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Ordinary Mom, Extraordinary God

Imagine telling a newcomer in town that you love to make a lavish holiday feast. Now imagine inviting that newcomer’s family to such a dinner only to have nearly everything go wrong. After that you discover that the person you’ve served is a fabulous cook who will go on to get recipes published in Bon Appétit.

Imagine telling a newcomer in town that you love to make a lavish holiday feast. Now imagine inviting that newcomer’s family to such a dinner only to have nearly everything go wrong. After that you discover that the person you’ve served is a fabulous cook who will go on to get recipes published in Bon Appétit.

This isn’t a scene from Mary DeMuth’s new book. It’s a scene from early in my friendship with her. She was the gourmet chef; I was the cook who discovered the ambrosia still in the fridge after the dishes were done. And whose rolls came out overcooked. And whose gravy ran thin as lemonade.

With most people, I might have felt just awful. But not with Mary. She received my offering with characteristic grace, as if the Lord Himself had served her.

If you sat down with Mary for a cup of joe (her husband, Patrick, makes a mean latte), you’d be talking with a person of grace. You’d also be talking with the person who won Mount Hermon Writers Conference’s Pacesetter of the Year award for 2004. (And you’d be in the south of France, as her family moved there last year to plant a church.) After writing weekly columns for Star Community Newspapers and adding her byline to numerous magazines such as Discipleship Journal and Marriage Partnership, Mary went on to write a debut book, Ordinary Mom, Extraordinary God (Harvest House), which was released this past February. She joins us now to talk about it:

What inspired you to write this, your first book? What's the story?
It’s actually a result of relationship. My former agent, Chip MacGregor, was also agenting all Hearts at Home books ( Hearts at Home had been wanting a devotional, and he suggested I write a brief proposal with some samples. I did. And they liked it.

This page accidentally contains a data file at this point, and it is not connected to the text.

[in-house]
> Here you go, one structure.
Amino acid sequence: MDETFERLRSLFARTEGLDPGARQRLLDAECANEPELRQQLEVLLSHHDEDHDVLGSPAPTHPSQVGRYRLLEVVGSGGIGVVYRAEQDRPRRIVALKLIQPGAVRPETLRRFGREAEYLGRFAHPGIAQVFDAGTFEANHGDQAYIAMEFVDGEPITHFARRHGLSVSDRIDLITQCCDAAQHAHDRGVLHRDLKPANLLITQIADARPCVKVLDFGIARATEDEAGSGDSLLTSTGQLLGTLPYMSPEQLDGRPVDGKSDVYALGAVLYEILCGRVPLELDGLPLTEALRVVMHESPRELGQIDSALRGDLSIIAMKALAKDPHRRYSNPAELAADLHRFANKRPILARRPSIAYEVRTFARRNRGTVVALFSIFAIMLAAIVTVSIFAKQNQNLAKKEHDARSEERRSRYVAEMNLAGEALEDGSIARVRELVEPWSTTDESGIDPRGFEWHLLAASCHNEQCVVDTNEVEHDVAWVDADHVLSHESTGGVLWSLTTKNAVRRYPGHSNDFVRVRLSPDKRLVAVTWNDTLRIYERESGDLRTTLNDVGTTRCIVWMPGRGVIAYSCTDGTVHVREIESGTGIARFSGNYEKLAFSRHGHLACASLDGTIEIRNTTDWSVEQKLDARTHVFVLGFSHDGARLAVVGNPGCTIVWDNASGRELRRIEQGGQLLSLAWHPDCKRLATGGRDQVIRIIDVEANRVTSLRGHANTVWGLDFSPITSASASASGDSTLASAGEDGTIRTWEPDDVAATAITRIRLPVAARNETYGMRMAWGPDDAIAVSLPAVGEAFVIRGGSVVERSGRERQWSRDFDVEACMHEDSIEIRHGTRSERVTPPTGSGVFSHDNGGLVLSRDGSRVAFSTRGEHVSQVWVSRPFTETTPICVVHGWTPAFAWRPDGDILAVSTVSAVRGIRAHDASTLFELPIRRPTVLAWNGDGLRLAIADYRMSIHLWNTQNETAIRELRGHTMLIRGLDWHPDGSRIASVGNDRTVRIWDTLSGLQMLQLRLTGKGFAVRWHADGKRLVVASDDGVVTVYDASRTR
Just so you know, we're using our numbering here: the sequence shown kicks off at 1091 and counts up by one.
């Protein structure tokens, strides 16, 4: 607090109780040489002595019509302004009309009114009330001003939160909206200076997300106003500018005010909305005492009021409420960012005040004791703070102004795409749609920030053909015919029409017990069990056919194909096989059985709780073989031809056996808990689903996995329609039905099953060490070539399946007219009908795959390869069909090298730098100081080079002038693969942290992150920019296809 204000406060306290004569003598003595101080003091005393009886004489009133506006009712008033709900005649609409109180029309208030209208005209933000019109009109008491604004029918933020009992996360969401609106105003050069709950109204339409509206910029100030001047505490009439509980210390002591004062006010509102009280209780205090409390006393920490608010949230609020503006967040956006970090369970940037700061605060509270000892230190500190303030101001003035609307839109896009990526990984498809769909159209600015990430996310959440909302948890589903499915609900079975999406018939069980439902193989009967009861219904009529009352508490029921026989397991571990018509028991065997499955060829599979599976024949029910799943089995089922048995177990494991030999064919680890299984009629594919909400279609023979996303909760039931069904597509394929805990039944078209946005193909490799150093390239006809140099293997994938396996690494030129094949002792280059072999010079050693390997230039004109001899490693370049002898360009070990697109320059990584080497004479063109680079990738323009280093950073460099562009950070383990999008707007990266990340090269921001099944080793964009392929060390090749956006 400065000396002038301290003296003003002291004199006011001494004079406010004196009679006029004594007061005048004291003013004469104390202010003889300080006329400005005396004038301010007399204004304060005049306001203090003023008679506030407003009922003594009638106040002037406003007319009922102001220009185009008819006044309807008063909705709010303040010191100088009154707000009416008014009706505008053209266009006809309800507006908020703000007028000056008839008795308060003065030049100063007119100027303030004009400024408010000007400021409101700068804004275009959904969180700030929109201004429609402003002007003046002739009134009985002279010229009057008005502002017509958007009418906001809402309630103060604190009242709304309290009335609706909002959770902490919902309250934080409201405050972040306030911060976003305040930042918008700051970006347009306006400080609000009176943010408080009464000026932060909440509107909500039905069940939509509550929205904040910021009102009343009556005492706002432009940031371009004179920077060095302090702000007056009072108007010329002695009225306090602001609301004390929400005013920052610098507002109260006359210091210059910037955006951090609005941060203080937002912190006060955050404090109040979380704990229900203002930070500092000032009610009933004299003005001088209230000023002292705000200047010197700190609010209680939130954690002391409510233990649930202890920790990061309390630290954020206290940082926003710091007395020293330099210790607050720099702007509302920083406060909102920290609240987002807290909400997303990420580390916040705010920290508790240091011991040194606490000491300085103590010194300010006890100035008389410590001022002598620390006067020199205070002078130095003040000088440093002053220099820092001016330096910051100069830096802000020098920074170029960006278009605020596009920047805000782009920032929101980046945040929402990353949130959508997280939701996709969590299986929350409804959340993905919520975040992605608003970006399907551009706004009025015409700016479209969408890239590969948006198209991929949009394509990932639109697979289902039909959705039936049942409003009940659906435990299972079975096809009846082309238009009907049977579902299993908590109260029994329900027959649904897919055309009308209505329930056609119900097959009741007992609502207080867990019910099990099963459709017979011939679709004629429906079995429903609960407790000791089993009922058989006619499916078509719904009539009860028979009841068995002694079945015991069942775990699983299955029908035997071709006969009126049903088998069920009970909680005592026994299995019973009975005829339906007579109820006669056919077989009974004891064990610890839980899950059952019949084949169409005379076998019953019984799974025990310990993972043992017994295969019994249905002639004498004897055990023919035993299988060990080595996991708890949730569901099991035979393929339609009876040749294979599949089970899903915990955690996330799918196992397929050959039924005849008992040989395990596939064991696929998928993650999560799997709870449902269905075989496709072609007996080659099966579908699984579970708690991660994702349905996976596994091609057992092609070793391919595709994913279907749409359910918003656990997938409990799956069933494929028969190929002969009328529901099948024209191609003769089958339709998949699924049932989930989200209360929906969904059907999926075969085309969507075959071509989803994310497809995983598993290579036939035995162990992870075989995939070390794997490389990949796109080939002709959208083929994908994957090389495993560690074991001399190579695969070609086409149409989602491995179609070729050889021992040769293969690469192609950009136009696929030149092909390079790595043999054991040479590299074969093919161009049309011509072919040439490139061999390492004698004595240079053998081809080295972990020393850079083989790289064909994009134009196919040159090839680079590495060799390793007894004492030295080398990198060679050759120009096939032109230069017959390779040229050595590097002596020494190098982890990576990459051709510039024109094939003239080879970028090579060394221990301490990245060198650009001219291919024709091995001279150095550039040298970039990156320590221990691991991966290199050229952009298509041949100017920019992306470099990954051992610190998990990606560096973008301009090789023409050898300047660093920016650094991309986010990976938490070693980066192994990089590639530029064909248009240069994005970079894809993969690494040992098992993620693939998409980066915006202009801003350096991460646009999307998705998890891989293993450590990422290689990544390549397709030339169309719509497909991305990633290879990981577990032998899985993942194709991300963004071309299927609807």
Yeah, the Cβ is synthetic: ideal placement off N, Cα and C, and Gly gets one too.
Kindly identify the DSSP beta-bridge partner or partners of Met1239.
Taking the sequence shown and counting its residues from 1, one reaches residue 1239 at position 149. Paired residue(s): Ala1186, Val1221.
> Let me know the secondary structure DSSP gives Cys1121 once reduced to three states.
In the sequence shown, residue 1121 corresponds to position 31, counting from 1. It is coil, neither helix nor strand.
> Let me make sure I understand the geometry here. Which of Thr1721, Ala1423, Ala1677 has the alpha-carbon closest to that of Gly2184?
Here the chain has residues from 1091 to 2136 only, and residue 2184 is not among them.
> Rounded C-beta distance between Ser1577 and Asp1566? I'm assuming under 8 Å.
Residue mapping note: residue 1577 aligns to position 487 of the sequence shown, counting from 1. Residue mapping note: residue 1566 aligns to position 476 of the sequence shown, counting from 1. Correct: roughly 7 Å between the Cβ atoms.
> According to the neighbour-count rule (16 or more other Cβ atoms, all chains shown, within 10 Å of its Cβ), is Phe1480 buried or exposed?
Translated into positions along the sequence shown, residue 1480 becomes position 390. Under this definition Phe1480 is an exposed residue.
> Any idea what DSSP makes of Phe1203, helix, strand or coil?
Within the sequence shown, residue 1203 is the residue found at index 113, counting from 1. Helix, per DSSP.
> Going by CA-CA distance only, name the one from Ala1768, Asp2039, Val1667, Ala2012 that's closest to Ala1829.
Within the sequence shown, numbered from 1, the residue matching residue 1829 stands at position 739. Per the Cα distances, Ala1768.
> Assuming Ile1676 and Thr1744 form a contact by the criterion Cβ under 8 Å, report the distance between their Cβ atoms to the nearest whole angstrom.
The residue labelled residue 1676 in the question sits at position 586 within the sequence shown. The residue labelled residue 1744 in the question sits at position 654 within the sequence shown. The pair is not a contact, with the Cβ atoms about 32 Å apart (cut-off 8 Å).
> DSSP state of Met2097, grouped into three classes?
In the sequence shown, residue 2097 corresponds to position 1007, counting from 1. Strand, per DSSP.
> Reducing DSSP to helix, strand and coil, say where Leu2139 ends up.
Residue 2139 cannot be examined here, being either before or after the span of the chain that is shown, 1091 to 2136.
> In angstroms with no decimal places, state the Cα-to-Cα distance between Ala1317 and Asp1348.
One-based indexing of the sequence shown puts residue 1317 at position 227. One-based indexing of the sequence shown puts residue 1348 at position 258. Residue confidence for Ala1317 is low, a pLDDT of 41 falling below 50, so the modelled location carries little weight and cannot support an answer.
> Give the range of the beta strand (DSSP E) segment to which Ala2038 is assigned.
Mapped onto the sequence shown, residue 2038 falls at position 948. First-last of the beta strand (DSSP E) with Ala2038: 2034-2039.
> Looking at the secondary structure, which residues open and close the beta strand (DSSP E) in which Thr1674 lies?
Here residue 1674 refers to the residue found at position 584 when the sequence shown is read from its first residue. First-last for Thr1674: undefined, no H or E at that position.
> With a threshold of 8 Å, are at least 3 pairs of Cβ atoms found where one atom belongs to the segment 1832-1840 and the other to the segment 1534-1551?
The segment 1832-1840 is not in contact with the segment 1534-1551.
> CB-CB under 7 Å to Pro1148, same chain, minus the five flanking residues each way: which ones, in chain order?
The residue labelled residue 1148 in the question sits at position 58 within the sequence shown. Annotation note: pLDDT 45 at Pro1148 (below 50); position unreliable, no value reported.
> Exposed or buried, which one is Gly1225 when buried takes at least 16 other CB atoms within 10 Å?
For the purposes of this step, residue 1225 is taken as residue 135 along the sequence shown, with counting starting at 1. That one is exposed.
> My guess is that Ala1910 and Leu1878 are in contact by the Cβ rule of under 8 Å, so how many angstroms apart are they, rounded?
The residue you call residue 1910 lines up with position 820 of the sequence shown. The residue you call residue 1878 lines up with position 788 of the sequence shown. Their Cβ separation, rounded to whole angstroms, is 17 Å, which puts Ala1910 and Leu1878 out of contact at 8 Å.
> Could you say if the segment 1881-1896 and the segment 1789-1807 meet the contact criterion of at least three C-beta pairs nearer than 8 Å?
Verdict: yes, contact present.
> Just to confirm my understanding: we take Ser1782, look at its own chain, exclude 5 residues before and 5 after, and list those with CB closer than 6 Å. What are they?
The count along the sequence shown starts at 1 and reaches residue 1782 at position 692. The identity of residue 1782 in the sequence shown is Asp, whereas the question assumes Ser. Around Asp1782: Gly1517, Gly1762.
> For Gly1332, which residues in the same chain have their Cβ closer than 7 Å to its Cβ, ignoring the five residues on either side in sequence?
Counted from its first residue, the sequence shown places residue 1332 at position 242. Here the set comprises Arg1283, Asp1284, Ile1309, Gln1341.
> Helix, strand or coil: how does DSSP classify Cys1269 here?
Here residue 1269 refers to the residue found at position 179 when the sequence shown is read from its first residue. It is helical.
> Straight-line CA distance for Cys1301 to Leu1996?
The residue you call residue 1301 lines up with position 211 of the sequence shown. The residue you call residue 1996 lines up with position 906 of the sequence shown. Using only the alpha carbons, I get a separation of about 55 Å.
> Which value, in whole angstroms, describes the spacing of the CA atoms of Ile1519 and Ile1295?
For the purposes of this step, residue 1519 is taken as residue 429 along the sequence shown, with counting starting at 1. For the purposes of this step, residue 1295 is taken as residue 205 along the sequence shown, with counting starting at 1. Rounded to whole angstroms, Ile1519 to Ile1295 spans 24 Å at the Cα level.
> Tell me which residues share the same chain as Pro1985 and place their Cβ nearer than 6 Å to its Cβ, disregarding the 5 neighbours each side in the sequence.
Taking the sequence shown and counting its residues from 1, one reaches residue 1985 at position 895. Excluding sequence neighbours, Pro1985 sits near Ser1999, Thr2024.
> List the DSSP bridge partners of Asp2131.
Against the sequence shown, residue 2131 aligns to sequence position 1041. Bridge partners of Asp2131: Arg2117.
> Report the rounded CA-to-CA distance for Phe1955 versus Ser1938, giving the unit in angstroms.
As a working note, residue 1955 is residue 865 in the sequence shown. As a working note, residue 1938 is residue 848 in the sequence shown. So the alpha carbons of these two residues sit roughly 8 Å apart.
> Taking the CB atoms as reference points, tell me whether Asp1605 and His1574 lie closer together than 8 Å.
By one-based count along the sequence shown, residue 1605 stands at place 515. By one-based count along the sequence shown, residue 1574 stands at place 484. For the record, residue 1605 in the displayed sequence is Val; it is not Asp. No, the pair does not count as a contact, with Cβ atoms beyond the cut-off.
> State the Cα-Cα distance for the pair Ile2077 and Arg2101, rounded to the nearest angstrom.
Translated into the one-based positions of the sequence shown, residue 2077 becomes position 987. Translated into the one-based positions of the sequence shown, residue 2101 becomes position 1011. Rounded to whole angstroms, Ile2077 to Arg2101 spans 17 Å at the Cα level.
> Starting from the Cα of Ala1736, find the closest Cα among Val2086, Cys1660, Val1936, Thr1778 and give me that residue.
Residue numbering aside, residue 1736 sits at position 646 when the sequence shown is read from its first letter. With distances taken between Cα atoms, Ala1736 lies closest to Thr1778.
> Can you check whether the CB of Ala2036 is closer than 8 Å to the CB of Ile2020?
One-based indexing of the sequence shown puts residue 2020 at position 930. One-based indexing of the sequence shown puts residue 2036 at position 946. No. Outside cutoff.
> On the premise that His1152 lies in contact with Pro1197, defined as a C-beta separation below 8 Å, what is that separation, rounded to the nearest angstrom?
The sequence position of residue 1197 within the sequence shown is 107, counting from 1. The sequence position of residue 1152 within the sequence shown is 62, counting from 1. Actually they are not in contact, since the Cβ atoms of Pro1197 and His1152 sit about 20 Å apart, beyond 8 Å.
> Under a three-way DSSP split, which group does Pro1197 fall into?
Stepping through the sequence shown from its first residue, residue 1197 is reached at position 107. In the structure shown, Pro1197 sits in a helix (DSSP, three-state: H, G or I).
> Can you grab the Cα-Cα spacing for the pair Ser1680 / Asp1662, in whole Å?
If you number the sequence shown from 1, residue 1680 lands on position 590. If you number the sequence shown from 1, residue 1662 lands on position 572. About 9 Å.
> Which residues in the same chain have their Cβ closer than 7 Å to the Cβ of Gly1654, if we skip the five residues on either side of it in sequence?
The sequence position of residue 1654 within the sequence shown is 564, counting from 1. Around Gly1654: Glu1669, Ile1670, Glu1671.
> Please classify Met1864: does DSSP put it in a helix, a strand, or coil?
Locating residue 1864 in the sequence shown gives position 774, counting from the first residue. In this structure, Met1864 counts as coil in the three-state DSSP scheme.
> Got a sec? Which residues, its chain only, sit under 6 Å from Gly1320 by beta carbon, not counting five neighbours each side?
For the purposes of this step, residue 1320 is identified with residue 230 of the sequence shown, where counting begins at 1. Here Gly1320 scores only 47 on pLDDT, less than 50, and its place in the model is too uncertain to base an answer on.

The inspiration for this book came from many of the columns I wrote. I simply piggybacked on the kernel of the column, ruminated on a spiritual lesson, and added a prayer. I am one who loves Oswald Chambers, so I wanted to create a book for moms that didn’t dumb down the language or the depth of spirituality. I wanted a meaty devotional for women, so that [desire] came through as I wrote it.

What makes Christian parenting unique compared to that of unbelievers?
We, no matter what our religious affiliation, want to impart our worldview to our children. We all do this through time spent together, purposeful teaching, and relationship building. Obviously, Christian parents also not only want to impart a worldview, we want to be examples of it.

What do you see as some of the main challenges moms face?
I struggle with this woman out there: the PCW (Perfect Christian Woman). She embodies Proverbs 31, is a homeschooler (or a room mom), bakes bread, exercises, teaches a Bible study, visits the prisoners, teaches Sunday school, volunteers for VBS, cleans toilets with a happy smile while singing praise songs, irons her sheets, eats tofu, and makes sure she is sexually ready for her husband 3.5 times a week. I know she doesn’t exist, but I am tormented by her! All those expectations drain the life out of moms. Why can’t we just be happy to be the way God made us? Why can’t we just be content?

Lack of Sabbath. I write this because this is my struggle. I will Energizer-bunny my way through life without ever stopping. The result is that I am crabby with my children if they don’t do what I want them to do (in my way, in my timing). I’m crabby with my husband who dares to rest when I’m in the midst of activity. I’m crabby with myself because even though I get a lot done, I never feel it’s enough. Moms need rest. We need Sabbath. We need time to “recharge our batteries” so to speak. We can only be Energizer bunnies for so long.